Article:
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How can you convince someone that a currency you invented has value? This question has plagued the human race since the Chinese started using paper currency as a substitute for bronze coins in the 11th century. More recently, it has been on the mind of people in the crypto industry, who are very fond of inventing new currencies. Some might argue they have created too many of them.

Crypto companies love inventing new tokens and issuing a bunch of it to themselves and their investors. The big question has always been how to convince other people that the currency is worth something. Since 2017, the standard playbook has looked something like this:

  1. Write up a proposed use case for a new token
  2. Build hype through various channels
  3. Sell the new token to investors
  4. Use the funds from the token sale to build an app whose services can only be bought using the token.

This model, known as an Initial Coin Offering, or ICO, does about what you would expect in the blockchain ecosystem — it adds friction and cost to the user experience, lowering adoption rates. It’s as if Apple decided that the best way to increase its stock price was to force people to pay for iPhones with shares of Apple stock.

An outside observer might wonder why this practice ever took off. If the goal of creating this token is to generate returns for the founders and investors, why not just sell stock? Non-crypto SaaS companies have no trouble raising money this way. So why are token issuance models so common?

To understand how payment and investment became linked through tokens, you have to understand why the ICO craze took off in the first place.

Why the ICO craze took off

Let me take you back to early 2017. It’s March 21st. Bitcoin has tripled in value over the previous 12 months. Everyone is feeling optimistic. This dancing cartoon wizard has been filling up Reddit user’s feeds for months.

For those of you who didn’t experience it firsthand, it’s hard to capture the gold rush mentality of the times. It felt as though the world was littered with thousand dollar bills. Bitcoin, Ethereum, Ripple, and even Dogecoin, which was launched as a joke, were at all-time highs.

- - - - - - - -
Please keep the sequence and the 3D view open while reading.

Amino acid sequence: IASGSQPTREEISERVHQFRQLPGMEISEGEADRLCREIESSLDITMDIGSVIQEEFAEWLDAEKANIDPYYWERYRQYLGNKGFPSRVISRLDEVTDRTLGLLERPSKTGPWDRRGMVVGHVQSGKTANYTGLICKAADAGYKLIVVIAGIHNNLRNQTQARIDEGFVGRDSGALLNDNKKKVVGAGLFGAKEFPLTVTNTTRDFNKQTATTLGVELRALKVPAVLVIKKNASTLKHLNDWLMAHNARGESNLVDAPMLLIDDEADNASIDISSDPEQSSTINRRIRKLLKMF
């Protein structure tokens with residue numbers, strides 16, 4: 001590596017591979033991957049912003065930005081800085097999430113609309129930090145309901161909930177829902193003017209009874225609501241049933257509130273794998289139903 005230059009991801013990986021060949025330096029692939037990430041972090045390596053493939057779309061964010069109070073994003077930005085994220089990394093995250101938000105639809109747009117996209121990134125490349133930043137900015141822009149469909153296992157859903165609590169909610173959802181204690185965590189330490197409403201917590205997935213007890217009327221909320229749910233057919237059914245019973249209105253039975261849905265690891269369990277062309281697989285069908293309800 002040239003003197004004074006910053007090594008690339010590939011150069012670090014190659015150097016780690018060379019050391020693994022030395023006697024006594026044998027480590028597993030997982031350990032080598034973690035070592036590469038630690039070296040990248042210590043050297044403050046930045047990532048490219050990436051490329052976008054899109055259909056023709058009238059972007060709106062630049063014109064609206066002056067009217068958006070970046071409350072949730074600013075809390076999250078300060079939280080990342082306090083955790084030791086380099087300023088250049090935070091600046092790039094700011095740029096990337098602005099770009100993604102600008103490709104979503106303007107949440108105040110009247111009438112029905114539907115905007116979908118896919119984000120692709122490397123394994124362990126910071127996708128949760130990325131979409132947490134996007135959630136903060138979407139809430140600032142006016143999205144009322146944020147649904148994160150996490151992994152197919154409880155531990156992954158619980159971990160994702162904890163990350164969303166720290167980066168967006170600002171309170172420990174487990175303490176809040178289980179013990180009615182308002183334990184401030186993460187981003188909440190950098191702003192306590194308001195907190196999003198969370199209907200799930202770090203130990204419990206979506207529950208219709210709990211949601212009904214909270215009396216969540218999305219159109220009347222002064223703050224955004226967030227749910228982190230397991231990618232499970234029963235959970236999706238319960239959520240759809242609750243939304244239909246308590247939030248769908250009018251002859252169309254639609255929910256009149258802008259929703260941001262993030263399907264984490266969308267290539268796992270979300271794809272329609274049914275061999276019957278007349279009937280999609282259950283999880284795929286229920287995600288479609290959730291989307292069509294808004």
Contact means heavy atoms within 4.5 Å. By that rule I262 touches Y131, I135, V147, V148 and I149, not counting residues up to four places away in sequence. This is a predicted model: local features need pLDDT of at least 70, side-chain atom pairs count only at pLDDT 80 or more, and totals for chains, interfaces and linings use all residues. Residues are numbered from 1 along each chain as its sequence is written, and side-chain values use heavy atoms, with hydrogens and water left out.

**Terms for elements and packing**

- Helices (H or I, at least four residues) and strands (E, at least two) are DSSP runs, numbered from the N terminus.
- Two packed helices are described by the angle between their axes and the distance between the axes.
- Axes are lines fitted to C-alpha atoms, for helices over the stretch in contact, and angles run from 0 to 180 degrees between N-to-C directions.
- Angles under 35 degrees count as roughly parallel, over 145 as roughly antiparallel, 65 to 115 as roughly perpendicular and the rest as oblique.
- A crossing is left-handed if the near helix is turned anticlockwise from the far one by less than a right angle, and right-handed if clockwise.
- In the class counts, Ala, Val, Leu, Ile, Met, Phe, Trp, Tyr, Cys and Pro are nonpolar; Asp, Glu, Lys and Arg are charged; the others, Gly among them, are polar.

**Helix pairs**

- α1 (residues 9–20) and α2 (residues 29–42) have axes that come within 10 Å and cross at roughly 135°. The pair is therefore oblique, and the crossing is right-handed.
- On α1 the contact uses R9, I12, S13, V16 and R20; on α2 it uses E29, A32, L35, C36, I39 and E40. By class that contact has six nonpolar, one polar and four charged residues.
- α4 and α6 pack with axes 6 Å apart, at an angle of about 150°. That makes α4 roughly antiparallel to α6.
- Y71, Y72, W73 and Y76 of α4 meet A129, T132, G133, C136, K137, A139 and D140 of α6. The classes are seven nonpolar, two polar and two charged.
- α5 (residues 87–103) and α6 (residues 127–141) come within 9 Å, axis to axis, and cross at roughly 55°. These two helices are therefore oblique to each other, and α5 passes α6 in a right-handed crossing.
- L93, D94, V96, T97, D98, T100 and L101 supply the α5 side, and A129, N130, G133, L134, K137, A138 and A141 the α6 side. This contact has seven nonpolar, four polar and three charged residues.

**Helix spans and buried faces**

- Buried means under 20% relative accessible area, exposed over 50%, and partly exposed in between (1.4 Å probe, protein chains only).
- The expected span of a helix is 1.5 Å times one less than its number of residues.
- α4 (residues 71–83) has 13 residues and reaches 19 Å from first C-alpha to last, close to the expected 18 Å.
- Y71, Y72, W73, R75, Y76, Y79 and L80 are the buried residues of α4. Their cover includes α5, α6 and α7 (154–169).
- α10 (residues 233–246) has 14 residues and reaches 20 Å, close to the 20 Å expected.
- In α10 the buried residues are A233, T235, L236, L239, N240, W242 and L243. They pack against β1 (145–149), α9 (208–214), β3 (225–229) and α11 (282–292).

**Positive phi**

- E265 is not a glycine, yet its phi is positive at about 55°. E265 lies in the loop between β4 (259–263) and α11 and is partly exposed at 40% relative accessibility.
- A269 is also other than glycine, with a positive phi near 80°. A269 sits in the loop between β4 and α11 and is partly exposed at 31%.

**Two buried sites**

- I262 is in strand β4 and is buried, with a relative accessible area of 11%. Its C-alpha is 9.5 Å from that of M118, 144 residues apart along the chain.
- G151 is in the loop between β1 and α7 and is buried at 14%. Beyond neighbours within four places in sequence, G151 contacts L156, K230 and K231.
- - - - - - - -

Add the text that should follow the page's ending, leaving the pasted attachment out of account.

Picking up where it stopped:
Every success story sounded the same: X bought Y token when it first came out, and now they’re filthy rich. To entrepreneurs getting involved in blockchain for the first time, the path to success seemed obvious: create a new token, issue a large amount to yourself, sell the rest to raise money, and then build something that makes it very valuable.

Exactly what would make the tokens valuable wasn’t always clear. Did the world really need dedicated payment tokens to buy weed or porn? Many people joining the bandwagon didn’t have a particularly clear idea of why crypto was valuable other than a few hazy memes about “decentralization,” but it was clear to everyone that tokens, somehow, were the reason everyone was getting rich.

And for a while, these beliefs were correct. An analysis by Mangrove Capital Partners found that as of October 2017, investing blindly in every possible ICO would have generated a return of 1320%. Investors simply could not get enough of these new tokens.

More recent returns have been mixed, with returns in 2022 following the broader downtrend in tech. But one trend has remained steady: the projects funded via ICO still create services that can only be paid for using proprietary tokens. This is creating headwinds for the blockchain industry as a whole, which I would like to see addressed by future founders and perhaps even existing companies.